Organizational culture is also key to innovation. Just as some organizational culture characteristics can support innovation, others can also inhibit innovation. For example, a hierarchical organizational culture type has been proven to decrease an organization's ability to innovate. The organizational culture assessment instrument (OCAI) based on the Competing Values Framework is one helpful tool for leaders looking to learn more about their organizational culture type.

3 Organizational Culture Company Examples

Organizations with strong organizational cultures are defined by having their culture deeply rooted in the ways they operate. The following three companies are frequently recognized for their organizational culture.

Southwest Airlines operates within an industry that is routinely made fun of for its poor customer service; however, it is known for the opposite. Employees at Southwest can do what is needed to make customers happy, and as a result, their customers are loyal.

Zappos is an organization that has tightly connected its culture with its hiring practices. Zappos offers new hires $2000 to quit if they feel the job is not the right fit for them within the first week of employment. Check out this Zappos organizational culture video:

Keeping culture strong becomes more challenging as the organization grows. Google has faced many challenges on its path to becoming the 5th most valuable company by market capitalization in the world. Cultures have to reinvent themselves to accommodate more employees and diversity. The organizational culture of Google is known for being unique and leveraging data everywhere. Google uses people analytics not just for feedback but also for organizational culture analysis. Check out Google Project Aristotle to learn how data is used to improve teamwork.

How can Organizational Culture be Changed?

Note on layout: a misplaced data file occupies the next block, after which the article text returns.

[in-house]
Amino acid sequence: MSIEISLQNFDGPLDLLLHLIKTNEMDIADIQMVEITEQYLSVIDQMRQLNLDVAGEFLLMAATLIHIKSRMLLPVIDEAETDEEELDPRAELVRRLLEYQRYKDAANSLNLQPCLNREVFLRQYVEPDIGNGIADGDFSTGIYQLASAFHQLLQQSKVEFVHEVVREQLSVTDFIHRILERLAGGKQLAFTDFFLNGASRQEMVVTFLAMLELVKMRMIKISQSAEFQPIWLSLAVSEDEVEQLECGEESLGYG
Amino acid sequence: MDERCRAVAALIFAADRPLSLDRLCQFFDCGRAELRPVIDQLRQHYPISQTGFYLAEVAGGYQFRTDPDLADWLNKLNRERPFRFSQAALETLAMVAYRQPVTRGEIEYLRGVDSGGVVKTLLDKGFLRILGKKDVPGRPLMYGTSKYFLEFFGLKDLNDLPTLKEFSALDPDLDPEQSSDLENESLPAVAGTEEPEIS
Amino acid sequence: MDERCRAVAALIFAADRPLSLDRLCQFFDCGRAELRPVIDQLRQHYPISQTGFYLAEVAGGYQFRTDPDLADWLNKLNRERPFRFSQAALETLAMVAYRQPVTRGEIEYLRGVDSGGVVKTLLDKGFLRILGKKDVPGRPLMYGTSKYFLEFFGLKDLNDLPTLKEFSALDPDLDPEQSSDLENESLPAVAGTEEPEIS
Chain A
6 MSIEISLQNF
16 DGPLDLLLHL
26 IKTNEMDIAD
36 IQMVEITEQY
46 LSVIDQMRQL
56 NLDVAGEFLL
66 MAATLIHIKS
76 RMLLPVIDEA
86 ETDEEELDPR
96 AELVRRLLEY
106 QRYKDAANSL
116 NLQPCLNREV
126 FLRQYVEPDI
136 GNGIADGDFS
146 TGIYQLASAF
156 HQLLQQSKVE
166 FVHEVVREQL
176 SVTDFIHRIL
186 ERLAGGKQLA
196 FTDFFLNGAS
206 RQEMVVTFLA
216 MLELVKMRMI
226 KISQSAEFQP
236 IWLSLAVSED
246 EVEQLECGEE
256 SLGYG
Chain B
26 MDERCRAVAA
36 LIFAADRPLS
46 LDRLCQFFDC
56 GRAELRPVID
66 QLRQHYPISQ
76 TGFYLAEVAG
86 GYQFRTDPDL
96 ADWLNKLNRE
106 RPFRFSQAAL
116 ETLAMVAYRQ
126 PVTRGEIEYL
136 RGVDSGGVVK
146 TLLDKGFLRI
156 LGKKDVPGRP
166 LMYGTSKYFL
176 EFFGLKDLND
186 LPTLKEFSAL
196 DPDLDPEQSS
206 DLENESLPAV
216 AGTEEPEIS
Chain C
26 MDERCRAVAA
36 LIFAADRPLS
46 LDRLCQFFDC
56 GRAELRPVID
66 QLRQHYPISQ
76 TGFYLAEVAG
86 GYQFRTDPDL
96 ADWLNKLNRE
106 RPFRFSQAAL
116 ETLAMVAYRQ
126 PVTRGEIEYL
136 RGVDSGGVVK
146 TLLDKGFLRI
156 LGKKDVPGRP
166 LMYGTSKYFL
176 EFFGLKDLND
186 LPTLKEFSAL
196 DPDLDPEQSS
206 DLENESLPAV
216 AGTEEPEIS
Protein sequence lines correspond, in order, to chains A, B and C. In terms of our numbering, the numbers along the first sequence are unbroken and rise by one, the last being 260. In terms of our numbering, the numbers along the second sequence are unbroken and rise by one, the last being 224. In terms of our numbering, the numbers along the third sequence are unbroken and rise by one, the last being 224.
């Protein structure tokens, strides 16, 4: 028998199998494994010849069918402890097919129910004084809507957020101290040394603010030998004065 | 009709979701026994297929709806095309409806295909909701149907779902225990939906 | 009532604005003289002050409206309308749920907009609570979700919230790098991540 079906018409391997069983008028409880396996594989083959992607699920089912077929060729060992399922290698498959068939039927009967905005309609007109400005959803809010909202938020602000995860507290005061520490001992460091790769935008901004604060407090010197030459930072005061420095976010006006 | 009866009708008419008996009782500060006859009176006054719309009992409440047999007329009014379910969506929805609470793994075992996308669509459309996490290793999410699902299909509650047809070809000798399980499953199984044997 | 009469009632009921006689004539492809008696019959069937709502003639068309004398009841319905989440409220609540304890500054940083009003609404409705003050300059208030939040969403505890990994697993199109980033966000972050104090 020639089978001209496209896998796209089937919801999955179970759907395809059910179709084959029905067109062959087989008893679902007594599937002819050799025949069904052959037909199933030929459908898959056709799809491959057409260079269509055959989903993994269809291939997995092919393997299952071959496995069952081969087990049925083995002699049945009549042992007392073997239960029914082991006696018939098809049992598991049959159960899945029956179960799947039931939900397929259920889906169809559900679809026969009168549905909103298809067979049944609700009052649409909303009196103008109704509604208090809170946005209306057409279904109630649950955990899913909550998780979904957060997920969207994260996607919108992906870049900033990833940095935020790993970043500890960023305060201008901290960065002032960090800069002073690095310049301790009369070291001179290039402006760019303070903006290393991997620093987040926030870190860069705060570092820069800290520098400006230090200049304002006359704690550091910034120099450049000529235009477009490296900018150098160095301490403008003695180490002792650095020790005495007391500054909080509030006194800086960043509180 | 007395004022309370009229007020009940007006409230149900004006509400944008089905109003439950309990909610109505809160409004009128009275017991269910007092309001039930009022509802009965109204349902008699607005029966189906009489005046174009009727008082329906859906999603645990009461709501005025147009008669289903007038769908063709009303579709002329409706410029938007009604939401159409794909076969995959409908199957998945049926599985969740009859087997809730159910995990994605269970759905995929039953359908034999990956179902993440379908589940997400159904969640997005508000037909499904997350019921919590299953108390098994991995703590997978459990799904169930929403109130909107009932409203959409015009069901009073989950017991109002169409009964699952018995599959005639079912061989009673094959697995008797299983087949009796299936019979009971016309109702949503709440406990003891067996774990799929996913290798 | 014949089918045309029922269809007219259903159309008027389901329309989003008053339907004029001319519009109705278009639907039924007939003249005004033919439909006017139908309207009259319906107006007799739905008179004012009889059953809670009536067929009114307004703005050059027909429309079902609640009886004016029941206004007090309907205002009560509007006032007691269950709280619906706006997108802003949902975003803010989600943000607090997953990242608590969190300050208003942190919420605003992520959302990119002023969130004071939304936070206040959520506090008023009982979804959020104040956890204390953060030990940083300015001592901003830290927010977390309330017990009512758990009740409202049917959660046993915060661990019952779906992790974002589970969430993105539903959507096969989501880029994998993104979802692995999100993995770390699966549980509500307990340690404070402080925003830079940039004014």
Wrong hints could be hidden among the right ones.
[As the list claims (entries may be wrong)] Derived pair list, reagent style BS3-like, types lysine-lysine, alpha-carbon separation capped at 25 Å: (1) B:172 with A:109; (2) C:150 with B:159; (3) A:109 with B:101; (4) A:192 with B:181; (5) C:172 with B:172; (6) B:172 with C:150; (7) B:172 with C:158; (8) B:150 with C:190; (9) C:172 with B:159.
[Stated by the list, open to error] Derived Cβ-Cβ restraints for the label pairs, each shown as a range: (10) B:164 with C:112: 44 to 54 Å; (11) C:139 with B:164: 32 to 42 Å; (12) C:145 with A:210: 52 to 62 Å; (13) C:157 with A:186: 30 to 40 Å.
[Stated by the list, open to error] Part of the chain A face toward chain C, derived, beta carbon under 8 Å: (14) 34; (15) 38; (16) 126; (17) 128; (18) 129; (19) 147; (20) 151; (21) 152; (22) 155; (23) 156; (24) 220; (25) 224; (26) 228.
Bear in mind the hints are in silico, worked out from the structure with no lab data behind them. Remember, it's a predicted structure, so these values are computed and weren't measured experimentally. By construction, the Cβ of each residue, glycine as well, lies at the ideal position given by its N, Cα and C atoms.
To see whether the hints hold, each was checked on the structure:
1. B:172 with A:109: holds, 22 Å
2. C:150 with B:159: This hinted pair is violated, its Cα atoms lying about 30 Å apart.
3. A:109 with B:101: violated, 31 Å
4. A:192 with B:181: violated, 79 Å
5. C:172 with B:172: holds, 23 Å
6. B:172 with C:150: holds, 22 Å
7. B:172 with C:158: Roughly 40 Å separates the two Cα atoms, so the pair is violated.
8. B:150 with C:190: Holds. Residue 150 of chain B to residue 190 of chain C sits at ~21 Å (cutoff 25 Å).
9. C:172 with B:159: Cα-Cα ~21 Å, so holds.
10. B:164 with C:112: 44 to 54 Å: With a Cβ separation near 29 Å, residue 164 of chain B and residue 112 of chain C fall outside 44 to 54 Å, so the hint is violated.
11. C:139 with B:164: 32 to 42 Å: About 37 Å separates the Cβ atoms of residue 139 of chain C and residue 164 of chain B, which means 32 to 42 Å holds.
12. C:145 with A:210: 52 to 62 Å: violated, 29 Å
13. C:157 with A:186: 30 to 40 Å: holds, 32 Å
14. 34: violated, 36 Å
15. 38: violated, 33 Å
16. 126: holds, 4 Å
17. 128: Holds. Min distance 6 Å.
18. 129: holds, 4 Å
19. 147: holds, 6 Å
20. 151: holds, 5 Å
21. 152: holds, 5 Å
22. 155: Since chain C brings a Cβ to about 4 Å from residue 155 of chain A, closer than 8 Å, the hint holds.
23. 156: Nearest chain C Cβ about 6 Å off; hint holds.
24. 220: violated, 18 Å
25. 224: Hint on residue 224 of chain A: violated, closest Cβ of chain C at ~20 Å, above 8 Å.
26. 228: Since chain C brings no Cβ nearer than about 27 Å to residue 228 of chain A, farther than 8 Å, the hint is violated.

The following six proven leadership strategies can change how employees behave, what they think, feel, and perceive:

  1. What leaders pay attention to regularly: This is one of the most potent mechanisms leaders have available. What leaders choose to systematically measure, reward, and control matters, and the opposite is true as well. For example, suppose an organization wants to build an analytical orientation within the culture. In that case, a great starting point is to ask leaders what data they are using to make decisions or start rewarding leaders for making data-driven decisions.

  2. How leaders react to critical incidents: Much can be revealed when a business or a leader faces a significant challenge. These crucible moments are like a refining fire. It is the heightened emotional intensity that increases individual and organizational learning. For example, the recent global pandemic revealed much more about an organization's values than any about page on a website or company orientation ever would. Sodexo is one positive example of an organization that demonstrated its commitment to employees by leadership's pandemic response.

  3. How leaders allocate resources and control costs: Budgets reveal a lot about the organization's assumptions and beliefs. Additionally, resources include physical assets such as equipment and tools, as well as human resources. What gets resourced gets reinforced. Going back to the example of creating an analytical orientation, leaders should consider what tools and resources employees have available for data analytics.